OTTAWA (Reuters) - Canadian investigators violated the rights of terrorism suspect Omar Khadr when they interrogated him at the U.S. prison at Guantanamo Bay, his lawyers told Canada’s top court on Wednesday.
The Supreme Court of Canada is examining whether the Canadian government must provide Khadr with any information relevant to him. But Wednesday’s hearing broadened to consider whether the whole U.S. process at its Guantanamo Bay prison on Cuba violated human rights.
The United States accuses Khadr of throwing a grenade that killed one U.S. soldier and wounded another during a firefight at an al Qaeda compound in Afghanistan in 2002. Khadr, 15 at the time and now 21, was shot twice in the back. He has since been held at the Guantanamo naval base.
Officials with the Canadian Security Intelligence Service interviewed Khadr at the base, where he and more than 300 non-Americans accused of links to al Qaeda or associated Islamist groups are being held.
“Canada should have refrained from going down there and participating in this violation of its young citizen’s rights under international law,” Khadr’s lawyer, Nathan Whitling, told the court.
“They should not have participated in this process. They should not have taken advantage of his vulnerability.”
Arguing that Khadr could receive an unfair trial because of information Canada shared with the United States after interviewing him, Whitling said Ottawa must hand over all information it has on him to help his defense.
Pointing to the serious charges against Khadr, the Canadian government said national security interests required the protection of its information.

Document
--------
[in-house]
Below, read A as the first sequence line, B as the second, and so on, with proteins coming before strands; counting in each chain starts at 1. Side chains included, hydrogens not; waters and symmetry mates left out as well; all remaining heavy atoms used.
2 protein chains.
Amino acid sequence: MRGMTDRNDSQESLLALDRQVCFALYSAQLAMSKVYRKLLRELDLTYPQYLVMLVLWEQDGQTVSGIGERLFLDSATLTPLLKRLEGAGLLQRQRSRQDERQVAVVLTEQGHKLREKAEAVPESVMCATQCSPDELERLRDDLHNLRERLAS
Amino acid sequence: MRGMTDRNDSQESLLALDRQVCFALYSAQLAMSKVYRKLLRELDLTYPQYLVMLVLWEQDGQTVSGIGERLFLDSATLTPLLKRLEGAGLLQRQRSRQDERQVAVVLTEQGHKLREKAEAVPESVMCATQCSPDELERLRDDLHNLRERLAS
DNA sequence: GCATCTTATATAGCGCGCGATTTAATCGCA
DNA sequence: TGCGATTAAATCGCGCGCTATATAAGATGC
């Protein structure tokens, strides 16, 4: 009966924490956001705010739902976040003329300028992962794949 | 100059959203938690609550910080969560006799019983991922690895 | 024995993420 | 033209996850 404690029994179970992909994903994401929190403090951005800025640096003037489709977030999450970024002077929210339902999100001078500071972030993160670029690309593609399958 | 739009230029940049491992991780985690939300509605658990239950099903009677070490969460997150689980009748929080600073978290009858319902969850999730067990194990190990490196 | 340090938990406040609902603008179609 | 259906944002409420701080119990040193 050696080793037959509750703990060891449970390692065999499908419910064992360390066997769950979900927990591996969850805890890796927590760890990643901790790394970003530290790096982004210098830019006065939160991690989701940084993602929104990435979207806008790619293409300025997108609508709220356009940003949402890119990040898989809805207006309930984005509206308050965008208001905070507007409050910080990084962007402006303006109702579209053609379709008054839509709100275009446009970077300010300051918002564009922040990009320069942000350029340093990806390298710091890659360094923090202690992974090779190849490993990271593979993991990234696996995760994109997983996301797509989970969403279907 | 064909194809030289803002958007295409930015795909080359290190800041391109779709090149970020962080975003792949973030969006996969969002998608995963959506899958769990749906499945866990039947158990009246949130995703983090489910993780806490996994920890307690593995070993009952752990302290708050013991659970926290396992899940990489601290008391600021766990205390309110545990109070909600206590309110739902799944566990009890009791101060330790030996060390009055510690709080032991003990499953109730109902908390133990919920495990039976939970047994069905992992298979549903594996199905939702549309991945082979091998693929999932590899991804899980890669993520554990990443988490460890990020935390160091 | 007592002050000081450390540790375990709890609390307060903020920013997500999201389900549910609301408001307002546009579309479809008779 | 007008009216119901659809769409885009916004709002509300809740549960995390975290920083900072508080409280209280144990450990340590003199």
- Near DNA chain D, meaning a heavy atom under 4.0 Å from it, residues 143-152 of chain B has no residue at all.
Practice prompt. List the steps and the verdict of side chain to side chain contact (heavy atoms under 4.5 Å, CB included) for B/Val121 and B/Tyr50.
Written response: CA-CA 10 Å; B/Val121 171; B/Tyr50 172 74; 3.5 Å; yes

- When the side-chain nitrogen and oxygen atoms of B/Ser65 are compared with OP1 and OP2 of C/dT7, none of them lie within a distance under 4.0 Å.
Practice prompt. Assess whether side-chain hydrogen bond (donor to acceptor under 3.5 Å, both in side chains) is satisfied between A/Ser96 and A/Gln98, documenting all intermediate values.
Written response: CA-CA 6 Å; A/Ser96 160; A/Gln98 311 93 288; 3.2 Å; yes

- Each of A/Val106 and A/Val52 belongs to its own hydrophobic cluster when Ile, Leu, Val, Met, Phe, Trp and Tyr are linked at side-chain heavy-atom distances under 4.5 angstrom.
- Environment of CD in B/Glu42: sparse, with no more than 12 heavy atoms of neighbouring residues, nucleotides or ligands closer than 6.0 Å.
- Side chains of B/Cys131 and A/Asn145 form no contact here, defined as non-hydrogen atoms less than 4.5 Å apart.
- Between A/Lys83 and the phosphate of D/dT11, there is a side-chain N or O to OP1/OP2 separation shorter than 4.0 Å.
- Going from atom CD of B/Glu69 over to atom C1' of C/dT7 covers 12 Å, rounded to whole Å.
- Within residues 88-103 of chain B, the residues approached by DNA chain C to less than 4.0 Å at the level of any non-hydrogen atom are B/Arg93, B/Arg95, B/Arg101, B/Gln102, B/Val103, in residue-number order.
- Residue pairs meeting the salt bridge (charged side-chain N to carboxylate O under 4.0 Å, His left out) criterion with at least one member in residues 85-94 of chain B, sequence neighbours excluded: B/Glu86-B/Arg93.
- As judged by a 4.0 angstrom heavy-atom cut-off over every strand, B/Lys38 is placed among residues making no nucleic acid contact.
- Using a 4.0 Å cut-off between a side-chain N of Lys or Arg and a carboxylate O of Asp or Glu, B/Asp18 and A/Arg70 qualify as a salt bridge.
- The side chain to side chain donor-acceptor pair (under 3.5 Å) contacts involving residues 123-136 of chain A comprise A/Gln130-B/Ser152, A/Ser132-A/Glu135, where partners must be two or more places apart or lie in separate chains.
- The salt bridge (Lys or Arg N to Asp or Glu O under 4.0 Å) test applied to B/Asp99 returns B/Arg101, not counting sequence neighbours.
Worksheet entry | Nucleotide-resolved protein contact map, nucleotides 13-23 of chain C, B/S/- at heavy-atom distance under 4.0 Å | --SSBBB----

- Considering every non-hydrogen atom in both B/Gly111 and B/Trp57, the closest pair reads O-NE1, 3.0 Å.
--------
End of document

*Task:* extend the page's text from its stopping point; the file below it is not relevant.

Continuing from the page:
Government lawyer Robert Frater said one charge in the U.S. indictment was that Khadr converted land mines into other explosive devices “with the intent to kill U.S. and coalition forces.”
“Those are national defense or national security matters and the highest level of protection is accorded to it,” he said, arguing that Khadr has no right to any information the Canadian government has on him.
Another lawyer for Khadr, Dennis Edney, told reporters after the hearing that the U.S. military prosecution’s case against him was unraveling, partly because of documents that had been disclosed already. This emphasized the need for more disclosure, he said.
Last week Khadr said in an affidavit that he had repeatedly been threatened with rape during interrogations.
“Omar Khadr before the military process is an abomination. To expect success in that unfair process is to hope for a great deal, so the least we can do is put a fight up,” Edney said.
He called on Prime Minister Stephen Harper to press the U.S. government to get Khadr out of Guantanamo. Ottawa has refrained from doing so, citing the serious charges.
Whitling estimated that Khadr’s case at Guantanamo would go to trial in early July. The court did not reach a decision on Wednesday but will be under pressure to be quick given the need to prepare for the U.S. trial.
Editing by Rob Wilson